Format

Send to

Choose Destination
Int J Gynecol Cancer. 2013 Oct;23(8):1400-5. doi: 10.1097/IGC.0b013e3182a41dd8.

Mushroom intake and risk of epithelial ovarian cancer in southern Chinese women.

Author information

1
*School of Public Health, Curtin University, Perth, Australia; and †Department of Community Health and Network Coordination, National Institute of Hygiene and Epidemiology, Hanoi, Vietnam.

Abstract

OBJECTIVE:

This study aimed to investigate the association between mushroom consumption and risk of epithelial ovarian cancer in southern Chinese women.

METHODS:

A hospital-based case-control study was undertaken in Guangzhou, Guangdong Province, from 2006 to 2008. Participants were 500 incident patients with epithelial ovarian cancer and 500 controls, with a mean (SD) age of 59 (6) years. Information on habitual mushroom consumption was obtained by face-to-face interview using a validated and reliable food frequency questionnaire. Unconditional logistic regression analyses were performed to assess the association between mushroom intake and the ovarian cancer risk.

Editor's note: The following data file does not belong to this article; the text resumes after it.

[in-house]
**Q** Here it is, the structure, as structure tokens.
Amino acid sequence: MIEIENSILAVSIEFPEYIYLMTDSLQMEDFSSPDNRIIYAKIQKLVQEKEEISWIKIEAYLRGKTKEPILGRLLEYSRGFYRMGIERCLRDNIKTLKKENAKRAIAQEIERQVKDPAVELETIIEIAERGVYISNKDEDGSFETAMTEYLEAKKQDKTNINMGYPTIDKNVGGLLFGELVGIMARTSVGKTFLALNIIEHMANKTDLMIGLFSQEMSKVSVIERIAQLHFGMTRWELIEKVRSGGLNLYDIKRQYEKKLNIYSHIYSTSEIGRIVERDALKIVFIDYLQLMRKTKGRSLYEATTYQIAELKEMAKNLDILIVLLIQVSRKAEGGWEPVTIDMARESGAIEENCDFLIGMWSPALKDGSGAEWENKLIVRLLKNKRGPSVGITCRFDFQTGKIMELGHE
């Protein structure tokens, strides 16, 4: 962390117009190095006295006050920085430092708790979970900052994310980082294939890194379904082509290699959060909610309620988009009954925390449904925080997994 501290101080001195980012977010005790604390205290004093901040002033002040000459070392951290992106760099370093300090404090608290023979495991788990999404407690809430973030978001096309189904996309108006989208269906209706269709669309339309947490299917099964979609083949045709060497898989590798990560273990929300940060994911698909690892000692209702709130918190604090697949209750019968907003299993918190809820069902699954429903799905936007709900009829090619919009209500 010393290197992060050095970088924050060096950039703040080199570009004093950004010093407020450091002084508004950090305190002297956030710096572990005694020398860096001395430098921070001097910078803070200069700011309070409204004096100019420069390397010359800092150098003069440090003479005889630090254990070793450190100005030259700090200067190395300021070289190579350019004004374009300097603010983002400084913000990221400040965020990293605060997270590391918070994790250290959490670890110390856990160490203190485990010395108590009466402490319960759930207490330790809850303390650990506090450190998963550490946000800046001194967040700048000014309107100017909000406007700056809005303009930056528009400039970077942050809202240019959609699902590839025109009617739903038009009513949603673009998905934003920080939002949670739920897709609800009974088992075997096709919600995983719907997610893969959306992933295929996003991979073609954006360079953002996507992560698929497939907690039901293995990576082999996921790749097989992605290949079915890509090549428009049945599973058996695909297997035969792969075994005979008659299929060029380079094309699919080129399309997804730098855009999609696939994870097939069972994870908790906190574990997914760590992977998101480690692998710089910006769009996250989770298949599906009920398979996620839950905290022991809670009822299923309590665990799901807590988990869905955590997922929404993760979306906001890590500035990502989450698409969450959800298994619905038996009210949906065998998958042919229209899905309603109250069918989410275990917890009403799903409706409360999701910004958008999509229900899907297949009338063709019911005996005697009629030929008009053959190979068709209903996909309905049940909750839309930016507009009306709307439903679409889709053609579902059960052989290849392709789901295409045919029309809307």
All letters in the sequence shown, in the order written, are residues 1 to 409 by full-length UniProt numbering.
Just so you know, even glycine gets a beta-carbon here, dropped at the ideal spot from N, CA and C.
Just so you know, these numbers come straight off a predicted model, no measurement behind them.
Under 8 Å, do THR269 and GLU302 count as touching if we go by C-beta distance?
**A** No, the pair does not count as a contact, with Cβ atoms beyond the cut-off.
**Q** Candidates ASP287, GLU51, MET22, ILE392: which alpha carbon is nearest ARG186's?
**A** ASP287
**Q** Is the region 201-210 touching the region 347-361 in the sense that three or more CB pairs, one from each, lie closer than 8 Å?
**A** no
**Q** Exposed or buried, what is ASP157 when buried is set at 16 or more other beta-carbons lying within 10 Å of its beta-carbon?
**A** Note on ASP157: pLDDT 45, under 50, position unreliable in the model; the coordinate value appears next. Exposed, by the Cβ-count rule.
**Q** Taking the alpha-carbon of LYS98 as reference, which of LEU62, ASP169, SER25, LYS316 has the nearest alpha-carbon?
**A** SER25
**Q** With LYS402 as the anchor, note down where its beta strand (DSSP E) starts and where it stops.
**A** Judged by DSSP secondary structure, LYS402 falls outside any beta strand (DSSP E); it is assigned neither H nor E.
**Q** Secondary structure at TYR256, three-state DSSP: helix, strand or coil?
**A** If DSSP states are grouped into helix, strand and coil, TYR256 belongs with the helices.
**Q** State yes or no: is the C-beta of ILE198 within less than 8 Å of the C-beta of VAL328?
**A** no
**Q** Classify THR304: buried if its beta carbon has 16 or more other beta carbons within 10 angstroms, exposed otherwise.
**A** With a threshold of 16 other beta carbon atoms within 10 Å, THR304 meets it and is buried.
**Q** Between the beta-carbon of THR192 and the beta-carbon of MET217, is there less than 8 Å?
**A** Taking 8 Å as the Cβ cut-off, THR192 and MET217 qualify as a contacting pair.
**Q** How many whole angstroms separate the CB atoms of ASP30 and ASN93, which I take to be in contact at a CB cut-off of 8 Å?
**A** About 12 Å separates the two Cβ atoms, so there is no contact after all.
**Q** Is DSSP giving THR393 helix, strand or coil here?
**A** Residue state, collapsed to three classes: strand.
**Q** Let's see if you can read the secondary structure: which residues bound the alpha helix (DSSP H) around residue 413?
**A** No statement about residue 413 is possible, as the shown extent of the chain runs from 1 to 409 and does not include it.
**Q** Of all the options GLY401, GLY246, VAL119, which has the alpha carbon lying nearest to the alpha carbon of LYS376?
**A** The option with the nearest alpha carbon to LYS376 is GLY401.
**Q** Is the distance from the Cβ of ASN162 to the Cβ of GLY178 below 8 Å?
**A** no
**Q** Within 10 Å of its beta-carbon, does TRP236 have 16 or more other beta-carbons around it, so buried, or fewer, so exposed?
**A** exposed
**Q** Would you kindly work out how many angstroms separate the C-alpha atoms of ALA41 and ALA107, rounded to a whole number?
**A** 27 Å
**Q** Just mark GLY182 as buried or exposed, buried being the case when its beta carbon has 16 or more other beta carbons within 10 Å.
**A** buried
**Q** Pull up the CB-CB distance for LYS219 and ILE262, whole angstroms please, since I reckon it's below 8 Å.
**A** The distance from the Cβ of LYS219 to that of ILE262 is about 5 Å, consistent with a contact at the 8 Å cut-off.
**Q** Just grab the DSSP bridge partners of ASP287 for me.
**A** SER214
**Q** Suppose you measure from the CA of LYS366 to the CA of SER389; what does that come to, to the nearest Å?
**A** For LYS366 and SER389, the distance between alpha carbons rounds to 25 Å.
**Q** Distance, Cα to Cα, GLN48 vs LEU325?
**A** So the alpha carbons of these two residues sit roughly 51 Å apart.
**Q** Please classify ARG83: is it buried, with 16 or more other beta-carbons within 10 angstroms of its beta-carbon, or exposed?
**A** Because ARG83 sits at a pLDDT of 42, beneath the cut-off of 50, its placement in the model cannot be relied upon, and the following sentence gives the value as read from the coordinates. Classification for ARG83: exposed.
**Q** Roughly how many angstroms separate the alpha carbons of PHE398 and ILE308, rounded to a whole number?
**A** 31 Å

RESULTS:

The patients with ovarian cancer consumed less mushrooms (mean [SD], 28.48 [37.45] g/d) than did controls (mean [SD], 30.75 [41.85] g/d). Apparent reductions in cancer risk were found at high levels of intake, especially for the common white button mushroom with adjusted odds ratios 0.68 (95% confidence interval, 0.52-0.89) for women consuming more than 2 g per day relative to those who consume less than that (P = 0.005). Decreases in risk at high levels of intake were also observed for serous and mucinous subtypes of epithelial ovarian tumors.

CONCLUSIONS:

Intake of mushrooms, particularly white button mushroom, seemed to be inversely associated with the incidence of epithelial ovarian cancer in southern Chinese women.

PMID:
24257554
DOI:
10.1097/IGC.0b013e3182a41dd8
[Indexed for MEDLINE]

Supplemental Content

Full text links

Icon for Wolters Kluwer
Loading ...
Support Center